ITV's - as usual, thoroughly wretched - coverage of Live UEFA Champions League starts at 7:00. Achtung, baby - gott in himmel, it's an all German affair with yer actual Borussia Dortmund versus Bayern Munich their very selves (kick-off 7.45pm). So, that'll be popular in Essex. The showpiece match at Wembley Stadium, sees the two Bundesliga clubs contesting the prestigious trophy. While the tournament this season has been one to forget for English teams, those from Germany and Spain have dominated, with Dortmund defeating Fancy Dan Real Madrid in the semi-final, and Bayern demolishing the, supposedly, 'unbeatable' Barcelona in their last-four encounter. This will be the fifth match to take place between the rivals during this campaign, with the two league matches finishing in 1-1 draws, while Bayern triumphed 1-0 in the quarter-finals of the DFB-Pokal and 2-1 in the DFB-Supercup. Odious grumpy greed bucket, horrorshow (and drag) Adrian Chiles presents, with a singular lack of analysis analysis from Roy Keane, Gareth Southgate and Lee Dixon, and commentary by Clive Tyldesley. Andy Townsend will also be there on a freebie although Christ only knows what he does to justify his sodding existence, never mind his, presumably, massive wages. Subsequent programmes are subject to change in the event of extra time, penalties or, hopefully, one of the panel deciding to attack their colleagues with a machete.

Sunday 26 May
Jackson is asked to find out if a woman's fiancé is cheating on her - but what appears to be an open-and-shut case proves to be anything but when he finds himself investigating a suspected murder in Case Histories - 9:00 BBC1. Meanwhile, the Private Investigator struggles to re-establish his relationship with Louise following her marriage, his home life becomes complicated when daughter Marlee moves in and with the business suffering, Deborah turns to honey-trapping to bring in some much-needed revenue. Crime drama, starring Jason Isaacs, Amanda Abbington, Zawe Ashton and Millie Innes.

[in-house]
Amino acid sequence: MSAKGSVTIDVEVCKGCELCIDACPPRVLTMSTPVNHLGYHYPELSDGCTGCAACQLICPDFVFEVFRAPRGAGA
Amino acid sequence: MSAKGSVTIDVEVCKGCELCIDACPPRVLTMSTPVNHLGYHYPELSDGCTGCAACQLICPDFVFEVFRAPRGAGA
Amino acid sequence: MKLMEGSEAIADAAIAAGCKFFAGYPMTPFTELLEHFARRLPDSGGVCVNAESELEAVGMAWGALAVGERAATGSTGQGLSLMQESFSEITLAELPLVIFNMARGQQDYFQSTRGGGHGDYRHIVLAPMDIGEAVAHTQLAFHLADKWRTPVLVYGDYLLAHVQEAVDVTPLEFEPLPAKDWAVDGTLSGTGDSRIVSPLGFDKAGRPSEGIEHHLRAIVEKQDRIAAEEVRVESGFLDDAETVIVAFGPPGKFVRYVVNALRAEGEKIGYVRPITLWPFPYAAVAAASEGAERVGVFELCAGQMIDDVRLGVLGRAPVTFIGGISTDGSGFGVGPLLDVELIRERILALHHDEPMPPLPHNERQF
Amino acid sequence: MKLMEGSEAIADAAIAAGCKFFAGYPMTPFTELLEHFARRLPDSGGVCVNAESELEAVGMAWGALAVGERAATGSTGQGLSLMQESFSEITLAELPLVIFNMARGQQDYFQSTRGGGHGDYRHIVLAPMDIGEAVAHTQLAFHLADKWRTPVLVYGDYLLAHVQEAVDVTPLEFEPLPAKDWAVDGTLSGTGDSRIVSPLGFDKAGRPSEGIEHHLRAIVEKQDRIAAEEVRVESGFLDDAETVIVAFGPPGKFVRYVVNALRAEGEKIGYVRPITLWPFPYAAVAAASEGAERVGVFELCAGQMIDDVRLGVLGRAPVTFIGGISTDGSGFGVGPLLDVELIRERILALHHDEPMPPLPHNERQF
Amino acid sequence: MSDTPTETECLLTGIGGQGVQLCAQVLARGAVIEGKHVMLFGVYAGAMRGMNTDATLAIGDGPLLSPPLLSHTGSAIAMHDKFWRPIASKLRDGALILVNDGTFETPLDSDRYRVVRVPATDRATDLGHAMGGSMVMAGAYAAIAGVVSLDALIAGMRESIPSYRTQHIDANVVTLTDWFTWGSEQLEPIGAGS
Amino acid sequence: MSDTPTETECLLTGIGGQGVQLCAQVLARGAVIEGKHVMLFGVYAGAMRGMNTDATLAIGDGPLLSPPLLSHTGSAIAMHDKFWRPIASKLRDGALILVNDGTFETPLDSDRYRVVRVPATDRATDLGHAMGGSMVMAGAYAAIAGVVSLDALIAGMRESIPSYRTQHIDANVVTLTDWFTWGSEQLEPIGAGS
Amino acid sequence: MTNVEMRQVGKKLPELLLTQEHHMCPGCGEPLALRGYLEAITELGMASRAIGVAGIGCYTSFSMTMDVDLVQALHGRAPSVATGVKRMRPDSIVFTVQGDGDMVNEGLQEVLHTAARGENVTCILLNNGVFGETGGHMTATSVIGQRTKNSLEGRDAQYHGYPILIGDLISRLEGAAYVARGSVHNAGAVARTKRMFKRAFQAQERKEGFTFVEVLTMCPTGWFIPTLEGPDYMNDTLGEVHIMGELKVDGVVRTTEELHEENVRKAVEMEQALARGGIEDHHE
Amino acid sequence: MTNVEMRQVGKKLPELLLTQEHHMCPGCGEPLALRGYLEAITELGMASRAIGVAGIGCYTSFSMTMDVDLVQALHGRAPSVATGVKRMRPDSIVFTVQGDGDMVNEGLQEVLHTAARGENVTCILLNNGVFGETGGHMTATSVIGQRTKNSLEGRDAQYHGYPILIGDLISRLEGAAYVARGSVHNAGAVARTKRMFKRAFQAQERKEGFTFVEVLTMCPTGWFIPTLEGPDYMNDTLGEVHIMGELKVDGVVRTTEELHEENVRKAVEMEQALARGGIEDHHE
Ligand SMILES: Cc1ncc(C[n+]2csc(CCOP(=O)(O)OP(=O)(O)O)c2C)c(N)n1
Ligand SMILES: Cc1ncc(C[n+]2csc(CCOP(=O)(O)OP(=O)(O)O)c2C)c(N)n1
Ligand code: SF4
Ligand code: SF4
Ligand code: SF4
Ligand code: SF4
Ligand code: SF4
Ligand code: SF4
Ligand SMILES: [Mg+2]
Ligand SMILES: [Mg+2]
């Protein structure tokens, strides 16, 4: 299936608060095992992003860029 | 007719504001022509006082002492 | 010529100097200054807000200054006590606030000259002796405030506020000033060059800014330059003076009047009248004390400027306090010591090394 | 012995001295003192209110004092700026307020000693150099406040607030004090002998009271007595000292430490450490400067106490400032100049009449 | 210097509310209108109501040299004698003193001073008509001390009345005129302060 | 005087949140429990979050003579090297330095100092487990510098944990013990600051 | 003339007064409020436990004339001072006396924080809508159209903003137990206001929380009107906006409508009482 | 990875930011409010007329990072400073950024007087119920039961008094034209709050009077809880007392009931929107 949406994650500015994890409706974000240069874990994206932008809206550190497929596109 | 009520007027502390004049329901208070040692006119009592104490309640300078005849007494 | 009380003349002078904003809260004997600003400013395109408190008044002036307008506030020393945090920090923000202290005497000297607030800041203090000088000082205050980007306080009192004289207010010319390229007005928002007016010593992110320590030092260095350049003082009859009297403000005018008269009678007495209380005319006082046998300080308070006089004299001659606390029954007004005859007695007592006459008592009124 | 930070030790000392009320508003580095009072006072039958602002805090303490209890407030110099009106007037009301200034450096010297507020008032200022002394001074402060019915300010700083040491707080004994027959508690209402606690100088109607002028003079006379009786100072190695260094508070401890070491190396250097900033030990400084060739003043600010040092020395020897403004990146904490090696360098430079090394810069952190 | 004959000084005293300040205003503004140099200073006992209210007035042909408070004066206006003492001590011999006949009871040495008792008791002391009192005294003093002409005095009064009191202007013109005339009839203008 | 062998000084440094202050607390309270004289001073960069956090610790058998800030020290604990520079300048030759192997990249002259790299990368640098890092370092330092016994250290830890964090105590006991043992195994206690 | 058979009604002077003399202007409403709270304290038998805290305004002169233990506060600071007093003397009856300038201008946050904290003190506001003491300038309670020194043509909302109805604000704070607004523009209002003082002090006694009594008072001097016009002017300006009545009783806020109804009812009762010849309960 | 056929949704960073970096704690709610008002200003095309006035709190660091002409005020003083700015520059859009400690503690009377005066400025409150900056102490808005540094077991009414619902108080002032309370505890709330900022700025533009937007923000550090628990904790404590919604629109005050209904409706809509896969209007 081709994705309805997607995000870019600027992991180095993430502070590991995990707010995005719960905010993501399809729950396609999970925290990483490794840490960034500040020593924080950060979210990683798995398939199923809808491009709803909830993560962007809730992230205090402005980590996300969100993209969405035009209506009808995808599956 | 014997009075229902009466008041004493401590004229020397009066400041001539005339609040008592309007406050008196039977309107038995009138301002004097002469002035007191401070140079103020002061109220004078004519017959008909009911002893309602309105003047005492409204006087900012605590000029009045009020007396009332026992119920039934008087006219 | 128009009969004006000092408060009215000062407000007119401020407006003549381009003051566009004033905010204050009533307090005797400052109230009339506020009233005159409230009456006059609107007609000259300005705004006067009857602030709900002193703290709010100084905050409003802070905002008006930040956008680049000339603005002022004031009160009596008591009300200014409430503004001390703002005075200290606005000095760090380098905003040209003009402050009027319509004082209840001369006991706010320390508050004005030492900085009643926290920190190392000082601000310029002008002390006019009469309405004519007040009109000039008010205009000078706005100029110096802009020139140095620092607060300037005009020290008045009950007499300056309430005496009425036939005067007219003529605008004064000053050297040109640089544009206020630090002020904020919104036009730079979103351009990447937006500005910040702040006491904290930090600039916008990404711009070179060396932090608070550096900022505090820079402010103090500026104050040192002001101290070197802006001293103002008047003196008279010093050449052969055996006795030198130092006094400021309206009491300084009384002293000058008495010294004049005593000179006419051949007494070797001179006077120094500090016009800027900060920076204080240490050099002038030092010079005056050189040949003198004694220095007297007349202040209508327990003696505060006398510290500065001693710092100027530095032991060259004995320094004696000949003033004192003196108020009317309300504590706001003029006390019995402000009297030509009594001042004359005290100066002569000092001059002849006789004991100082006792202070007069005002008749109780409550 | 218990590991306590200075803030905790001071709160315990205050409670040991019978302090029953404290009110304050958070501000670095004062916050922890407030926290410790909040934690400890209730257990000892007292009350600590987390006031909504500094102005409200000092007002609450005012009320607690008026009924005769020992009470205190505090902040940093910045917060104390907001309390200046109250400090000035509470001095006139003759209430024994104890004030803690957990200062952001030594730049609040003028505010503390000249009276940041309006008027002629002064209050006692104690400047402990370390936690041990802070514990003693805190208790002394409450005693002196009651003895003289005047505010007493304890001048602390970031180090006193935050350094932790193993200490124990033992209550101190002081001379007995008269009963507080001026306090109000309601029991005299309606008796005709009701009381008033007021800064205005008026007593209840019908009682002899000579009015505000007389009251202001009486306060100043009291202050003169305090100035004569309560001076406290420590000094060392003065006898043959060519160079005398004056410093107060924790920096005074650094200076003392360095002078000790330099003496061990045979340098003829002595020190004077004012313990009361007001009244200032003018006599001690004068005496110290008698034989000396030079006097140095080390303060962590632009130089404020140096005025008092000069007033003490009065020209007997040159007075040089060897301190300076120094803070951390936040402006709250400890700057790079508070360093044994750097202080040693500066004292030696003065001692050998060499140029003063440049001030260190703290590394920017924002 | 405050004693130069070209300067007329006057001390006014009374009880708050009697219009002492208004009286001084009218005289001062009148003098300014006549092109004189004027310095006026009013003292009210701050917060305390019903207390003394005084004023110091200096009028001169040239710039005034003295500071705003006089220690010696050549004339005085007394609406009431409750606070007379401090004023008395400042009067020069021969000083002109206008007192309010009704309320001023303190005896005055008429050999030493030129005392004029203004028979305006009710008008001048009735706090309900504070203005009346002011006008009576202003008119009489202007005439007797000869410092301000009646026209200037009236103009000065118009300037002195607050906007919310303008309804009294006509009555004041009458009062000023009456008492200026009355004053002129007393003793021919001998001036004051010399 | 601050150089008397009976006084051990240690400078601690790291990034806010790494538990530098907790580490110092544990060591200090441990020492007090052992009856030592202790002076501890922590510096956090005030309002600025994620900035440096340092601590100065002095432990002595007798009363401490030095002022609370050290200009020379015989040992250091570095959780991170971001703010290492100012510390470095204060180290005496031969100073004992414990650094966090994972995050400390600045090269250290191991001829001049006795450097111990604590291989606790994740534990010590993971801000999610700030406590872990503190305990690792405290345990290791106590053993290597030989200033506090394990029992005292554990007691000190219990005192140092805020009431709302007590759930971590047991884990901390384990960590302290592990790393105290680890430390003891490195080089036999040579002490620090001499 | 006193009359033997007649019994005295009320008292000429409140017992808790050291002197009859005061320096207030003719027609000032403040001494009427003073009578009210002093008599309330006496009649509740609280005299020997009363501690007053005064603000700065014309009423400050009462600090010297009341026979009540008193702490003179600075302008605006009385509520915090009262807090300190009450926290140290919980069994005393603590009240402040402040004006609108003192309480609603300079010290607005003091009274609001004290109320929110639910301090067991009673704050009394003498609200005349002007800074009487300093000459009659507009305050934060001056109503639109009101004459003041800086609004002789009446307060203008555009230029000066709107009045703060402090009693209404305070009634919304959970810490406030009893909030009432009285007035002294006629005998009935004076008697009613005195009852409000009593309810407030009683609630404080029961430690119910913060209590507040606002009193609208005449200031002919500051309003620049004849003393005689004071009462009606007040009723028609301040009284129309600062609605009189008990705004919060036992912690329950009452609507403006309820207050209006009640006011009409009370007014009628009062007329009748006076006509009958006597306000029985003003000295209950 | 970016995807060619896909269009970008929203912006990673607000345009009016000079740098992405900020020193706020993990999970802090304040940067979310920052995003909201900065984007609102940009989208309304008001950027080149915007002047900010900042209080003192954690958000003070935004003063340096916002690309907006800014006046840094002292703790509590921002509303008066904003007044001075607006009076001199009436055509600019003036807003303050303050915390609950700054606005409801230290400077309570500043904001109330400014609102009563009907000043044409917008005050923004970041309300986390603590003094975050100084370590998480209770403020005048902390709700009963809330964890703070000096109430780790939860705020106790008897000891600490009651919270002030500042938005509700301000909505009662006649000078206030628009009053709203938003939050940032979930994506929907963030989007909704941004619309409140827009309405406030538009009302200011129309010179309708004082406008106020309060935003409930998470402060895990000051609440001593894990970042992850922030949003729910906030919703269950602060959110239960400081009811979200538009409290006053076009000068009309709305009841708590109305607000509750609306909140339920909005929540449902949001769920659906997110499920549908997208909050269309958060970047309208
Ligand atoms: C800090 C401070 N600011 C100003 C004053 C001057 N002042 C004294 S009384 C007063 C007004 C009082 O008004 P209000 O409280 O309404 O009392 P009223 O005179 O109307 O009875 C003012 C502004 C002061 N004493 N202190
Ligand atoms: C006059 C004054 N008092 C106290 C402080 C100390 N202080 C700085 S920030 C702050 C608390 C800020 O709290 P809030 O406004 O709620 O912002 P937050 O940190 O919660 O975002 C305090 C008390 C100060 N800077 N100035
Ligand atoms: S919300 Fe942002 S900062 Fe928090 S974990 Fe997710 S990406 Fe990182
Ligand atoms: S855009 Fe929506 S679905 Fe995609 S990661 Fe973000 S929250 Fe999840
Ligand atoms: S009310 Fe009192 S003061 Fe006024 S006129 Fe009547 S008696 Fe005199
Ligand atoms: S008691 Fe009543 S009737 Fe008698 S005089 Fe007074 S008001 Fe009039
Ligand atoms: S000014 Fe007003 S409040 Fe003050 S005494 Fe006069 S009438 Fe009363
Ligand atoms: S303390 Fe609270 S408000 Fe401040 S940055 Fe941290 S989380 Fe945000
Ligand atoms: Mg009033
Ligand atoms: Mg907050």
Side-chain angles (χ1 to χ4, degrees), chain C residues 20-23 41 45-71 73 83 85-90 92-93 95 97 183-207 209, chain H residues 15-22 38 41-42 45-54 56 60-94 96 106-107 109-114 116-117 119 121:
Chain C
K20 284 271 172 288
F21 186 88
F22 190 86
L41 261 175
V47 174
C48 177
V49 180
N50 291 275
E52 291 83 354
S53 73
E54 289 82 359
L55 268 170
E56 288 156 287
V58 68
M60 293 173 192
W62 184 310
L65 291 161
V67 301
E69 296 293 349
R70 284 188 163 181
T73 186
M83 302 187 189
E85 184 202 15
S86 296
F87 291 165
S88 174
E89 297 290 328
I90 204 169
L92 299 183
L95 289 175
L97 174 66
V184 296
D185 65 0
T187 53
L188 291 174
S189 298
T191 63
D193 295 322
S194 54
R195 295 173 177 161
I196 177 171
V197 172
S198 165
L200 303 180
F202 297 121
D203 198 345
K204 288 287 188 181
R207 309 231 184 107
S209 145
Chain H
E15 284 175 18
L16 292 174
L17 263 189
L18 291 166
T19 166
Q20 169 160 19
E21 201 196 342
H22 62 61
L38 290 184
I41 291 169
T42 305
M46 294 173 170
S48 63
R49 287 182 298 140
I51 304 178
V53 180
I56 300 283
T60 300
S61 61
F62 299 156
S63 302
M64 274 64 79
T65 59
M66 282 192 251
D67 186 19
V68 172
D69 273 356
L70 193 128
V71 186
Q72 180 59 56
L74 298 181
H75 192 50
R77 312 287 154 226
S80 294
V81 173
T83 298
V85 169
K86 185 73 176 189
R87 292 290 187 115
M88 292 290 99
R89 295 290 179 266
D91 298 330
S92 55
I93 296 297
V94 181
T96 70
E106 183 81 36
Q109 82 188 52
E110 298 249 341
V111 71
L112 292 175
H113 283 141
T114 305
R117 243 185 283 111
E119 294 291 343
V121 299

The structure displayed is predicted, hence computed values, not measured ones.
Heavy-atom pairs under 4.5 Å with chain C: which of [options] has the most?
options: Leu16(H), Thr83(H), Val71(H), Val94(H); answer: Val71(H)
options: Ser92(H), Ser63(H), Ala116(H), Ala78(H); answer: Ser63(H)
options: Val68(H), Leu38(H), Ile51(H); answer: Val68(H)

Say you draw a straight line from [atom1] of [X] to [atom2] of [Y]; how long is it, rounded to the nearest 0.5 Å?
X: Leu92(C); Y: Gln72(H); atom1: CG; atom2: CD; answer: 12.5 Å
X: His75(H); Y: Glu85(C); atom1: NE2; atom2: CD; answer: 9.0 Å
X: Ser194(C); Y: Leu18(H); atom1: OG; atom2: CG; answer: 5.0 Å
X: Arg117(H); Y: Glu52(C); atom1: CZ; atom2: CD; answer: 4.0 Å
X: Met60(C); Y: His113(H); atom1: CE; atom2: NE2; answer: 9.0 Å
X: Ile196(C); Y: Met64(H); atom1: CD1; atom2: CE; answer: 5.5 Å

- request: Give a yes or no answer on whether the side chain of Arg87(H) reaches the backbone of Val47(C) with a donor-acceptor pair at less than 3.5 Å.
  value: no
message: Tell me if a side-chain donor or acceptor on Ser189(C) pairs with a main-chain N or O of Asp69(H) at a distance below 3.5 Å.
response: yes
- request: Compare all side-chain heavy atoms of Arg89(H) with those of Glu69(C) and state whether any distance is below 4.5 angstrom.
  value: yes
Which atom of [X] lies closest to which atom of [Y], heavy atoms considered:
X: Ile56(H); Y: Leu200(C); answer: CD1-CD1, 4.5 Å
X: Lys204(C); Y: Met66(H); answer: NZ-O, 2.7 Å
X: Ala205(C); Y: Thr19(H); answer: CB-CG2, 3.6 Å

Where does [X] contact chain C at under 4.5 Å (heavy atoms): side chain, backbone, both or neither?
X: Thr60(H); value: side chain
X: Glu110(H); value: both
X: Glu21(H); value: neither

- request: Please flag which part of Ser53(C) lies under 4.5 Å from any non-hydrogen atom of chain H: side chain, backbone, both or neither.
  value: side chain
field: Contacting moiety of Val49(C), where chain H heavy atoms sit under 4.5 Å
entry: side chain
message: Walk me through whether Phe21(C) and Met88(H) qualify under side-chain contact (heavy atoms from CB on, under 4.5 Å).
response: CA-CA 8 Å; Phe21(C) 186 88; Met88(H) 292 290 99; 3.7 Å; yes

In Australia with Simon Reeve - 9:30 BBC2 - the author and adventurer continues his Australian journey in Kakadu, the country's largest national park, where he works through the night with a team committed to culling the poisonous feral cane toads that are threatening the region's wildlife. He then learns how to survive off the land using ancient Aboriginal knowledge as he heads out on patrol with a unique military unit in the remote Northern Bush, before attempting to catch box jellyfish on Cape York Peninsula with a group of scientists who believe the species' deadly venom may have medicinal qualities. Finally, Simon flies 100 miles out into the ocean to watch a large tanker being guided through the Great Barrier Reef.

Ventriloquist and comedienne Nina Conti performs a show in Sydney, accompanied by two of her best-known puppet characters, Monk, a cynical monkey who insults and swears when he does not have his demands fulfilled, and Granny, an elderly Scotswoman to whom the entertainer refers as someone similar to her own grandmother in Nina Conti: Talk To The Hand - 9:00 BBC4.

Monday 27 May
Gibson is instructed by Burns to start carrying a firearm as she takes control of the hunt for the serial killer targeting women in Belfast in The Fall - 9:00 BBC2. Elsewhere, Spector tries to locate his next potential victim after realising that the murderer's so-called 'perfect kill' has become tainted. And, while visiting Sally Ann's parents at their farmhouse outside the city, he discovers an abandoned building which appears ideal for storing some of his secret possessions. Thriller, starring yer actual Gillian Anderson and Jamie Dornan.